What can I tell you about my beloved Chennai? People from other metros will argue that Chennai has little to recommend it. They complain about the heat and the orthodoxy. They complain about the nightlife or lack thereof. They complain about wily, rude autorickshaw drivers who fleece unsuspecting tourists. Yes, I know.
Generation Y: Chennai’s women no longer wear Tamil culture on their sleeves. Laxman / Mint
But what can I tell you in defence? Abnormal as it seems, I am happiest in Chennai. This irrational love that most of us have for one place has mostly to do with childhood. I know several people—my husband included—who have no ties to any one city, having grown up in several. My friend, Arun, for instance, who now lives in Berlin, can objectively take Indian cities apart, sifting them into pros and cons that say everything but mean nothing. Mumbai for enterprise, Delhi for power, Kolkata for Bongs who aspire only to get to Kolkata, Bangalore for the weather and entrepreneurship and Chennai for its culture. All true, but it does little to capture the essence of this coastal city that welcomed St Thomas and does the jalsa (illicit gratification, for example, liquor) and jilpa (gratuitous holding forth on topics that one knows nothing about), as blogger Krish Ashok says.
Chennai is waking up at 4am to have lunch at 7. It is going to tiny Murphy Electronics in Adyar and having the proprietor dig out from the dark recesses every gadget and gizmo that you never thought to have. It is drinking “Kumbakonam degree coffee” at, well, Kumbakonam Degree Coffee in Anna Nagar. It is eating chop suey and hakka noodles at Waldorf with the IIT guy you have a crush on. It is watching grizzled old men cover themselves in monkey caps when the temperature drops from unbelievable to bearable. It is watching pretty maidens with turmeric yellow faces and dripping wet hair walk to the temples in the month that is called Margazhi in Tamil. It is describing yourself as a “thayir saadam” (curd rice) or a “Mylapore girl” and knowing instantly what it means; about every nuance of that person. It is knowing that music connoisseurs go to Mylapore Fine Arts or the Triplicane Academy during the December season, while the people who want to see and be seen go to the Music Academy.
Also Read Shoba’s previous Lounge columns
Chennai is Grand Sweets, Ambika Appalam and Saravana Bhavan. It is the pleasure of speaking in Tamil using a shorthand that only other Chennai-ites will understand and relish: swear words such as savu cracki, or the disdainful “veetila sollittu vandirukaya?”, which is what an auto driver will yell when you cut him off, causing him to nearly bang into you. Your fault, lady. Have you told people at home (that you are going to die)? That’s what it means but like most translations, this does little to capture the pithy essence of that insult.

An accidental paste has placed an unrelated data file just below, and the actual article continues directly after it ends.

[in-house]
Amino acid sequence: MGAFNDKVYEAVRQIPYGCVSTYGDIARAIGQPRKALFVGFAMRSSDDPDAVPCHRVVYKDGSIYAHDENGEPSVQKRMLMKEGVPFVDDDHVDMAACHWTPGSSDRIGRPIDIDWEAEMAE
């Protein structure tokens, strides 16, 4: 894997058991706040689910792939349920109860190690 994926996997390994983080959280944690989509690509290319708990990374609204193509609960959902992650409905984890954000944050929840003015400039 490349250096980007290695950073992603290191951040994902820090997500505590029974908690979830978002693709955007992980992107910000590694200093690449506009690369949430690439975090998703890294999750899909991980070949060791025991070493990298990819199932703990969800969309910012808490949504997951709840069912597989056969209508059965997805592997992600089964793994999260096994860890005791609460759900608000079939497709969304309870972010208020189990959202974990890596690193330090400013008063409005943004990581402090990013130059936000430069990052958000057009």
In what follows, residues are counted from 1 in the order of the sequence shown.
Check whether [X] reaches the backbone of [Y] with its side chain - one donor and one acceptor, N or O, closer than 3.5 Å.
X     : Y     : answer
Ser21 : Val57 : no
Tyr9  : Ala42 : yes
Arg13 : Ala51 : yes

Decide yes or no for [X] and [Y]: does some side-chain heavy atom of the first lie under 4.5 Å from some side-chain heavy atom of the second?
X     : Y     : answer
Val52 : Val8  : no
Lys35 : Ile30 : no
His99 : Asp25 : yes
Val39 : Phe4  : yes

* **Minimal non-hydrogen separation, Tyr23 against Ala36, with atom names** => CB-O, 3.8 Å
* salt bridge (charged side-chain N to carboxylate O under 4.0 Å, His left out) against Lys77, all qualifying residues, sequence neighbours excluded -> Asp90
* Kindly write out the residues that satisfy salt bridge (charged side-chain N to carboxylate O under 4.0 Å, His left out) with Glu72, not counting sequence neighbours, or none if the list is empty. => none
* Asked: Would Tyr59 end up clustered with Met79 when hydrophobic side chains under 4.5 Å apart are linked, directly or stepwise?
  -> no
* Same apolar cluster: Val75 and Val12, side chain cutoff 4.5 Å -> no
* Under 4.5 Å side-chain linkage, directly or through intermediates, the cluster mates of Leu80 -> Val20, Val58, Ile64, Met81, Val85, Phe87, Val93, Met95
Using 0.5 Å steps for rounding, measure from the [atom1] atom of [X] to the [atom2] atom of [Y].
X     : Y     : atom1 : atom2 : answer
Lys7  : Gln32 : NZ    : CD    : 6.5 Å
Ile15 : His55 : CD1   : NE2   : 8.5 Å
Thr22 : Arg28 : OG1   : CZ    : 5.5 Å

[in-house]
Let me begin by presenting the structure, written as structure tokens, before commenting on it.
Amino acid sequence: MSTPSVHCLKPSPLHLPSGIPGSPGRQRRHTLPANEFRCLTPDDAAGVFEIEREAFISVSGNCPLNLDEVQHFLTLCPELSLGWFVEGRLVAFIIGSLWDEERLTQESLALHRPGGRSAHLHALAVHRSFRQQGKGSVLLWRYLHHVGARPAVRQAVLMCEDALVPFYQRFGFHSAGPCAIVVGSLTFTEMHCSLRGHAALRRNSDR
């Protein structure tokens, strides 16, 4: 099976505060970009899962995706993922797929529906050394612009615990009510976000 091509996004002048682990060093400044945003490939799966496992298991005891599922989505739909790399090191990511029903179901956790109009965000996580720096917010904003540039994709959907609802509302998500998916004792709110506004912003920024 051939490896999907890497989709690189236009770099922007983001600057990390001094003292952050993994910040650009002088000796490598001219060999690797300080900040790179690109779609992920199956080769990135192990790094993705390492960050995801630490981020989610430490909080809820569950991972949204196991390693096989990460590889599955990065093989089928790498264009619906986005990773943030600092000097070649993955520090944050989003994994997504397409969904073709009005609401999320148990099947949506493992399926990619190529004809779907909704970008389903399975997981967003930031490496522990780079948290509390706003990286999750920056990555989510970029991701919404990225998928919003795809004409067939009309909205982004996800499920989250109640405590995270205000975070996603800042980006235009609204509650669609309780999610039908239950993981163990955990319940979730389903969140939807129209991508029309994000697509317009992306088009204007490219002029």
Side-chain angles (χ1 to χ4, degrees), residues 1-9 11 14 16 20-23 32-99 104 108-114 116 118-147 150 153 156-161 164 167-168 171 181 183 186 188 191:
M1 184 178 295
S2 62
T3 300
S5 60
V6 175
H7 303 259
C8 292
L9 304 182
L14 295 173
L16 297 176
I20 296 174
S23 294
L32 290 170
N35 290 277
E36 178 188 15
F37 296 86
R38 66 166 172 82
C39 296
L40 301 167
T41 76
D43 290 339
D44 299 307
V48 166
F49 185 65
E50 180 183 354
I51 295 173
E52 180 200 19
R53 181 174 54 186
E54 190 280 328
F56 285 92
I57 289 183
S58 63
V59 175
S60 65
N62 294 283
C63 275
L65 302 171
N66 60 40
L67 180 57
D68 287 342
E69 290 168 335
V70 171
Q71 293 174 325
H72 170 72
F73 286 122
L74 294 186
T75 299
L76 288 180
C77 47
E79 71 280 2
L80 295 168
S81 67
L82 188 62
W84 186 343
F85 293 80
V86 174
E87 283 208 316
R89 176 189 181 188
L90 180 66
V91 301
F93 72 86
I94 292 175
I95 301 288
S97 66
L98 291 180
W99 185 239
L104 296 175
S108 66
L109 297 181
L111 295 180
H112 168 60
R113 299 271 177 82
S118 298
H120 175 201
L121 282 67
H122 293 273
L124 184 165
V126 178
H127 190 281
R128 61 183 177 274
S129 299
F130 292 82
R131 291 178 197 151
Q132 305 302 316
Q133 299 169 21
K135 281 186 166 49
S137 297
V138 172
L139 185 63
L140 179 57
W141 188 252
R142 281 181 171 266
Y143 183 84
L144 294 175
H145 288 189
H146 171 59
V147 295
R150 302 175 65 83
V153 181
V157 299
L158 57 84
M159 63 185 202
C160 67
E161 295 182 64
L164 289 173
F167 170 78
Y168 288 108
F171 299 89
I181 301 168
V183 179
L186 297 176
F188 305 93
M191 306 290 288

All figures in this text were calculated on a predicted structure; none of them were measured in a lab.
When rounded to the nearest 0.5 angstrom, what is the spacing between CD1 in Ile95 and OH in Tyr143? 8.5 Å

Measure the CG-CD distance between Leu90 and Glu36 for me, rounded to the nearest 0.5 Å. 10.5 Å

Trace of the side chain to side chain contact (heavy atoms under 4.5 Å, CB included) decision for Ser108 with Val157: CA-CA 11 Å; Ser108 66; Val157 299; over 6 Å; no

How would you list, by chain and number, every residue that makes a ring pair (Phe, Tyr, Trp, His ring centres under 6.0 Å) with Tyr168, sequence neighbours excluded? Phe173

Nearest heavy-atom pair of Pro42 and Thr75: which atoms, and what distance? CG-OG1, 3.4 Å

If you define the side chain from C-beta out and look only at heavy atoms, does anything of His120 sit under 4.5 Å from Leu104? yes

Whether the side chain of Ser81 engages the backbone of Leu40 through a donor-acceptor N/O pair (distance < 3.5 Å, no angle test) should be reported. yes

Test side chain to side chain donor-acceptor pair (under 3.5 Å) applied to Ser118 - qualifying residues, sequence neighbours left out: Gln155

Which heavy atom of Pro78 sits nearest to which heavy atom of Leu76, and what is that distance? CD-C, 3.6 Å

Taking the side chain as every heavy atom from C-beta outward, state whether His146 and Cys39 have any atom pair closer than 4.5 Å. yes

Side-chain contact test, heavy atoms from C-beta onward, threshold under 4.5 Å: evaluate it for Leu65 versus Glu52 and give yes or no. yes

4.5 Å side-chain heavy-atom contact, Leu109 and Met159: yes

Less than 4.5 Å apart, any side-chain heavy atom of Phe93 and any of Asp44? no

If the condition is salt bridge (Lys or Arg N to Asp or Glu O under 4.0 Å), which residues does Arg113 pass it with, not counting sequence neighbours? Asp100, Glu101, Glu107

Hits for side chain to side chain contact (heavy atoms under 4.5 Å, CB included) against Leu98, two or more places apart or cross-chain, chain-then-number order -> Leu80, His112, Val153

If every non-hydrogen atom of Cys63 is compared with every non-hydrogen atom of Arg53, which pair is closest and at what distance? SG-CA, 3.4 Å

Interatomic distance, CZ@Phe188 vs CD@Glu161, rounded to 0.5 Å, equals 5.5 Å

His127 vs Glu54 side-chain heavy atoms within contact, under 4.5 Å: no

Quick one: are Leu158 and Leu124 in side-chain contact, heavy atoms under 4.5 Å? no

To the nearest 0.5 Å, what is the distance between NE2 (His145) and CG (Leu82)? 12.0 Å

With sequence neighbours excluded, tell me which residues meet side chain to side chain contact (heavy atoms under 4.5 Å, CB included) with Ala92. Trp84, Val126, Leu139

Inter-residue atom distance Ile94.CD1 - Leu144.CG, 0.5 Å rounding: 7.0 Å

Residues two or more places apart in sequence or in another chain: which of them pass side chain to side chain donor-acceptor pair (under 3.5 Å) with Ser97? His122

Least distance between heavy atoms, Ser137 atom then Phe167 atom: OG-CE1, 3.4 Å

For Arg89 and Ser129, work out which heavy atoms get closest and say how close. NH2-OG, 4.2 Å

Change comes slowly to Chennai. Go there today, and you will still see the vendors on the beach selling “thenga, manga, pattani, sundal” or coconut, mango, and a variety of fried lentils. Couples still sit in the moonlight at Elliot’s Beach, looking around furtively for known faces. Mamis (matrons) still duck into Nalli’s or G.R. Thanga Maligai (GRT) for silk saris and gold, respectively, and haggle hard for the “compliment” or a Rs5 purse that is given free after they spend a few lakhs. The free purse seems to give them more pleasure than their purchases. Chennai is going to Pondy Bazaar and finding everything except your mother and father. It is parties where people still quote the “Manjal Araithayaa” speech from the Tamil movie Veera Pandiya Katta Bhomman after sufficient quantities of liquor have been quaffed. It is eating spongy idlis at Murugan Idli Shop and wondering if ordering every type of dosa on the menu is gluttony or good taste. It is the scent of jasmine at sunset.
Chennai is steeped in Tamil culture. “No ifs, ands and buts about it”, as a Madrasi would say, and no, please don’t use that word to describe anyone south of the Vindhyas. M.S. Subbulakshmi epitomized what, for many women, is Tamil culture. She was deferential to her husband who managed all her affairs; almost childlike in her simplicity; had regular oil baths and then scented her hair with sambrani (a type of incense for sweet-smelling hair); circled the tulsi plant for the well-being of her family; and inspired thoughts of the divine.
Today’s Chennai is edgier, sexier, grittier. Radio announcers (many of them female) regale listeners with a snappy Tamil that is equal parts slang and slander. Girls in Chennai no longer wear salwar kameez like I used to. They ride motorbikes in tight jeans and halter tops. Few oil their hair but many still wear the bindi. They prefer lattes to filter coffee and pizzas to pongal. And you know what? That’s fine. Because Chennai hasn’t lost its essence. The same babe who speaks in Tanglish (Tamil-English) will go home and address her grandmother as “Paati”. The same boy who sports spiky hair and sunglasses will submit to a Ganga Snanam with loads of hot sesame oil come Deepavali day.
Chennai—my Chennai, the city that I love—still exists. You just need to know where to find it. Come with me. I’ll show you.
When in Chennai, Shoba Narayan dines at Karpagambal Mess in Mylapore and Beyond Indus at the Taj Mount Road. Write to her at firstname.lastname@example.org